But ‘adapting’ to that situation might consist of bracing yourself and hoping that the airbag will save you,and possibly saying a prayer,and hope for speedy emergency services (or if this was anticipated by previous carelessness on your part,maybe you would be already be driving a 6,000 Lb Hummer).

          • omnologos Says:

            skepticmac – I have found this definition of adaptation. You may want to review your use of the word.

            Adaptation – Adjustment in natural or human systems in response to actual or expected climatic stimuli or their effects, which moderates harm or exploit beneficial opportunities. Various types of adaptation can be distinguished, including anticipatory and reactive adaptation, private and public adaptation, and autonomous and planned adaptation (IPCC, 2001).

          • skeptictmac57 Says:

            Omno- You could find dictionary definitions which support both your contention,and mine. The important element in this discussion is HOW the word is used by those who seek to derail efforts to transition to a much lower GHG producing world.
            If they see adaptation as migration to higher,cooler ground,building sea walls,geoengineering,moving agricultural centers etc. without any attempt to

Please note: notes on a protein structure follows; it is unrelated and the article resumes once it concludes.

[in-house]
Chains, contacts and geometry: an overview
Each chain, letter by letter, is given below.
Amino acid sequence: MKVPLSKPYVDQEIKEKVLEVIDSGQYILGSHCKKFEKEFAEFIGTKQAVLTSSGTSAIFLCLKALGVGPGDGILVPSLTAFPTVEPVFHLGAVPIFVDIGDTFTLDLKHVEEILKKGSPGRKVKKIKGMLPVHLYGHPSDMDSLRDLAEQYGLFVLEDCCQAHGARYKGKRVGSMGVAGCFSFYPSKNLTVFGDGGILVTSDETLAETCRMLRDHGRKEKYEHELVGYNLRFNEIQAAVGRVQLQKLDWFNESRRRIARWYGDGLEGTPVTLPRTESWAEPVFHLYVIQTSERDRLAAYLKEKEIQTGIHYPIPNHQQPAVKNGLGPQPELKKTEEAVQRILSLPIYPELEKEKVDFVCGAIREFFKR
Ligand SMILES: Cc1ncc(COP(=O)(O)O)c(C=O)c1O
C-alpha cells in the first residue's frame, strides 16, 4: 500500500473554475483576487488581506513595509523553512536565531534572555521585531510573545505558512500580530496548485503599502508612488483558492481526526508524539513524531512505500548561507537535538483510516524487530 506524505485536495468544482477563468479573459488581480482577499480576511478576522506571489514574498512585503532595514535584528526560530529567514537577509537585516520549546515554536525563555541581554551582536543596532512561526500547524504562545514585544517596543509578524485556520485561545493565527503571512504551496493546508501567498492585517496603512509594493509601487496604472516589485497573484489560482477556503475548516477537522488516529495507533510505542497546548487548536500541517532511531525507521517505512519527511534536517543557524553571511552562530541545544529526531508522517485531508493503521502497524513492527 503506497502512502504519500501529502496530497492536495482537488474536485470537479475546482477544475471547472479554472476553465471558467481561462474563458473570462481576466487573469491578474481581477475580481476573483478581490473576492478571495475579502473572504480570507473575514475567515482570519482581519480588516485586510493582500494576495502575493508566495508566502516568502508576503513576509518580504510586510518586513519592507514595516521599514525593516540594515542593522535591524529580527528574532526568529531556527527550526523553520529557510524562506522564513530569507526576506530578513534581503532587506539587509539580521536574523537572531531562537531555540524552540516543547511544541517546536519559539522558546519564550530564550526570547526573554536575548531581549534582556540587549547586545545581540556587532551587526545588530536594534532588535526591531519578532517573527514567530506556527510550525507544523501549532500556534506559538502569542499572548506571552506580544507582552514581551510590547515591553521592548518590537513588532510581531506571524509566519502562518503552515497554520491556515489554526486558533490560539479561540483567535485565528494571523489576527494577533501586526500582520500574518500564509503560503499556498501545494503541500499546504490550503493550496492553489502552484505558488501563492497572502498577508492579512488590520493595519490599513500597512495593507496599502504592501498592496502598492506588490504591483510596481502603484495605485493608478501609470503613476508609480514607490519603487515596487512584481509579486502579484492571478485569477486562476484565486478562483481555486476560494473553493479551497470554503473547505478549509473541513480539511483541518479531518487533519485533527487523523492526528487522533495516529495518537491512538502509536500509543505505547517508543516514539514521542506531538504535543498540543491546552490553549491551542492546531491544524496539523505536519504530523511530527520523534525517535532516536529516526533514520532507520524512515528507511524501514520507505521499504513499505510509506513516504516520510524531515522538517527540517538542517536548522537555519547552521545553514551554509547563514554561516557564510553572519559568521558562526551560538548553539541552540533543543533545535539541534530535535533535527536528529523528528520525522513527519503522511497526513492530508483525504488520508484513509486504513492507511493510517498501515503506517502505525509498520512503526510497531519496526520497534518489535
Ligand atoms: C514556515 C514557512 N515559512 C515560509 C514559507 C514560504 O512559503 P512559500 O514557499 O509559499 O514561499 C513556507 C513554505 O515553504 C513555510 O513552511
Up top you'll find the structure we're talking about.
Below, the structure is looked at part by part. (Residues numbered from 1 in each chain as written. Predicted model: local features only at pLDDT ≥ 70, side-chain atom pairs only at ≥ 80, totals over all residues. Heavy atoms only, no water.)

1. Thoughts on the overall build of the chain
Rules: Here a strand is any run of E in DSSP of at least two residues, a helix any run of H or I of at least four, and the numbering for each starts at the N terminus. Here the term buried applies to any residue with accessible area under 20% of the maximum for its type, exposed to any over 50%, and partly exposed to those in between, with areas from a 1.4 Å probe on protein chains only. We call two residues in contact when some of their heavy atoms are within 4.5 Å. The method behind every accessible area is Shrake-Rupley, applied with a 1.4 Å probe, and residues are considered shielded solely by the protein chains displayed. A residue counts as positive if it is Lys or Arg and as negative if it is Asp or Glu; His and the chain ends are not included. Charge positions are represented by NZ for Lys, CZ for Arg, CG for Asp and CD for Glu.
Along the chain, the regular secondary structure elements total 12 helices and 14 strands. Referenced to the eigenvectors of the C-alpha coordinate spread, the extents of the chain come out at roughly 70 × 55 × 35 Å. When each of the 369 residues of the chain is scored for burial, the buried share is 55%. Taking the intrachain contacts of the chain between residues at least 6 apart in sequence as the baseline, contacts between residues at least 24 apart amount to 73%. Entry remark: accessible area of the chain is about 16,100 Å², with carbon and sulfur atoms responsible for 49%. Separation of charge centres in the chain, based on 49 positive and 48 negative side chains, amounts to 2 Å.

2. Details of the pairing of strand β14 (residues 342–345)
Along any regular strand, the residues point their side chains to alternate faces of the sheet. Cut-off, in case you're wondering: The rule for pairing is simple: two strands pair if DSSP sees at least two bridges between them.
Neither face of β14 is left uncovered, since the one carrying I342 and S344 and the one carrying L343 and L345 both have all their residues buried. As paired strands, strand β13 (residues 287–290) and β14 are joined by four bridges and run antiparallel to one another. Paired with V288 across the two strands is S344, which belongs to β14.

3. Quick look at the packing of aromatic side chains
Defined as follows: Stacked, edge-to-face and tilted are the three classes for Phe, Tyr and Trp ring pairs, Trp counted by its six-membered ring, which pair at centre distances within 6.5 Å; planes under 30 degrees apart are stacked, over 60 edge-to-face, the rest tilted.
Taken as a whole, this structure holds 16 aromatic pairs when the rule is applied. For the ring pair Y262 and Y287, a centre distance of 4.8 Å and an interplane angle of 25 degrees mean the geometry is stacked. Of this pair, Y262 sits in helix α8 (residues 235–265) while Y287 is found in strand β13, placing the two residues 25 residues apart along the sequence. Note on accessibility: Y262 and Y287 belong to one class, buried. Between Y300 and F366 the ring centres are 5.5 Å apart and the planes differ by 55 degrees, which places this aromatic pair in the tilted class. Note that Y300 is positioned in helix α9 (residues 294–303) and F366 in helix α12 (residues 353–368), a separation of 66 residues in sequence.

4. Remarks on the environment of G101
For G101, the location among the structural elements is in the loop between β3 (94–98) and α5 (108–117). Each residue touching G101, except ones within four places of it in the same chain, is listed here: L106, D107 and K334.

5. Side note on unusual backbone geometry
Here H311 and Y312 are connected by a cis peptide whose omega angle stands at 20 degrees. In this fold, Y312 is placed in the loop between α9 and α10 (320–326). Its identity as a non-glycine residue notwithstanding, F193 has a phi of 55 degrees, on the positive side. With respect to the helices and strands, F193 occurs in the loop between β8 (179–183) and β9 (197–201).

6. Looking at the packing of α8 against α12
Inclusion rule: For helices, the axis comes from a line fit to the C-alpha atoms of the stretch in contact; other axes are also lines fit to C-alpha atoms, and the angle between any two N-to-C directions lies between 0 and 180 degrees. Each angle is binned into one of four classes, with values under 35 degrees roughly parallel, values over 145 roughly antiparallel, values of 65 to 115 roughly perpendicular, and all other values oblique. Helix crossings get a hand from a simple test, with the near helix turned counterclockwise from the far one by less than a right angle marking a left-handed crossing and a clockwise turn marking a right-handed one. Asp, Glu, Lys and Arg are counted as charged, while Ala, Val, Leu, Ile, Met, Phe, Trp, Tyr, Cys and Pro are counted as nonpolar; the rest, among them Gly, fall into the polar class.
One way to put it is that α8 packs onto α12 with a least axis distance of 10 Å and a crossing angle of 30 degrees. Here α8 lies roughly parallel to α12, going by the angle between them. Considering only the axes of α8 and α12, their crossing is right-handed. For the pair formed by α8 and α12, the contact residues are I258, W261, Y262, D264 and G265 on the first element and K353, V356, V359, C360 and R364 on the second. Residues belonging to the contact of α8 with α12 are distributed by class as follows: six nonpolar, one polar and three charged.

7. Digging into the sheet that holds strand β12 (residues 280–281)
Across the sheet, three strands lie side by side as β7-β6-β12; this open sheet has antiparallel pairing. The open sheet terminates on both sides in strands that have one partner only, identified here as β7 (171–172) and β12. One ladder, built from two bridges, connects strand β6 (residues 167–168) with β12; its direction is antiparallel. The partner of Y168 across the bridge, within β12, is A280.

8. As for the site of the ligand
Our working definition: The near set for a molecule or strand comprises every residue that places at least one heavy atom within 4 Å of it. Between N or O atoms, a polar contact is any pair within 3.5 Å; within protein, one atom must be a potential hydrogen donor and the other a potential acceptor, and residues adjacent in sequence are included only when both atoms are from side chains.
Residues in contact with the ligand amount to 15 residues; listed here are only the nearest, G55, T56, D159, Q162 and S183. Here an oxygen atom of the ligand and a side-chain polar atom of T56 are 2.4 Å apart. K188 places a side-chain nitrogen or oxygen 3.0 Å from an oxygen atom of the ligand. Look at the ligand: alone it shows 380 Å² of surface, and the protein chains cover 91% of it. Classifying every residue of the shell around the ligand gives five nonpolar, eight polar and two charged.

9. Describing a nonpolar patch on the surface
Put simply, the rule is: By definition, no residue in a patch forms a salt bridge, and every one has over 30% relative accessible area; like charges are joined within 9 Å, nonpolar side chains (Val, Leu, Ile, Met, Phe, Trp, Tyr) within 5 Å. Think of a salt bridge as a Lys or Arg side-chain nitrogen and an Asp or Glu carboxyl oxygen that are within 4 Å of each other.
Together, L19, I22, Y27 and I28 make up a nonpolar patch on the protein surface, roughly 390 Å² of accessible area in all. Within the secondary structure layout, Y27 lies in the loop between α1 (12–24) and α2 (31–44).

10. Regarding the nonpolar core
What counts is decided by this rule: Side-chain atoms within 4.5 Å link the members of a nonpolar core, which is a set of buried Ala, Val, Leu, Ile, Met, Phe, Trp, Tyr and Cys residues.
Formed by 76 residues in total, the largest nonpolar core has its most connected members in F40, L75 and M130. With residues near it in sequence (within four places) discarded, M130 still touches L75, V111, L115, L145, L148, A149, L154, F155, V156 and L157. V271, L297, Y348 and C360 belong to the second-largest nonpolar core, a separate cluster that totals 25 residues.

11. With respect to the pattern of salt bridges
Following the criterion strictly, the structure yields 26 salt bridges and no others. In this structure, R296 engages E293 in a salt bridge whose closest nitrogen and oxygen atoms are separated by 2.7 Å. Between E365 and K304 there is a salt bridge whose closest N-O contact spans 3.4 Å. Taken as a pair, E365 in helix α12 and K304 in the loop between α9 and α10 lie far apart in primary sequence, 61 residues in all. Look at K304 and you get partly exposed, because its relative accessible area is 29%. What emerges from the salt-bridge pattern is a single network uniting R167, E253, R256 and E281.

mitigate (not adapt) the use of fossil fuels by moving to alternatives because they are ideologically opposed to them,then yeah,that’s why not.
            Words aren’t just what you say,they are what you mean…context is everything.

  3. stephengn1 Says:

    Tillerson’s statement is especially galling when one considers the reality of the “we” and the “that” in “We’ll adapt to that”.

    We (the people who have become rich selling you the products that caused the problem) will adapt to that (the coming global changes that we refuse to admit exist so we can keep growing richer and more adaptive)

    You, however, will be on your own

  4. Elysium — a very close allegory to what 2100 could look like in the worst case. Although I don’t believe the current crop of ‘elites’ has the vision, foresight or enginuity to construct an actual ring-world. More likely, they’ll be trying to hide themselves away in hollowed out mountains, running out their contracting lives on the power of buried nuclear reactors as everyone else fights, starves, or dies due to heat injury and violent weather.

  5. andrewfez Says:

    I think a lot of the adaptation will be psychological adaptation to lower standards of living. A higher % of the paycheck going to food and less going to iphones and Ford Mustangs. Use of the tried, true, and cheap blood pressure meds like metoprolol and hydrochlorothiazide in place of the more expensive, just-to-the-market stuff.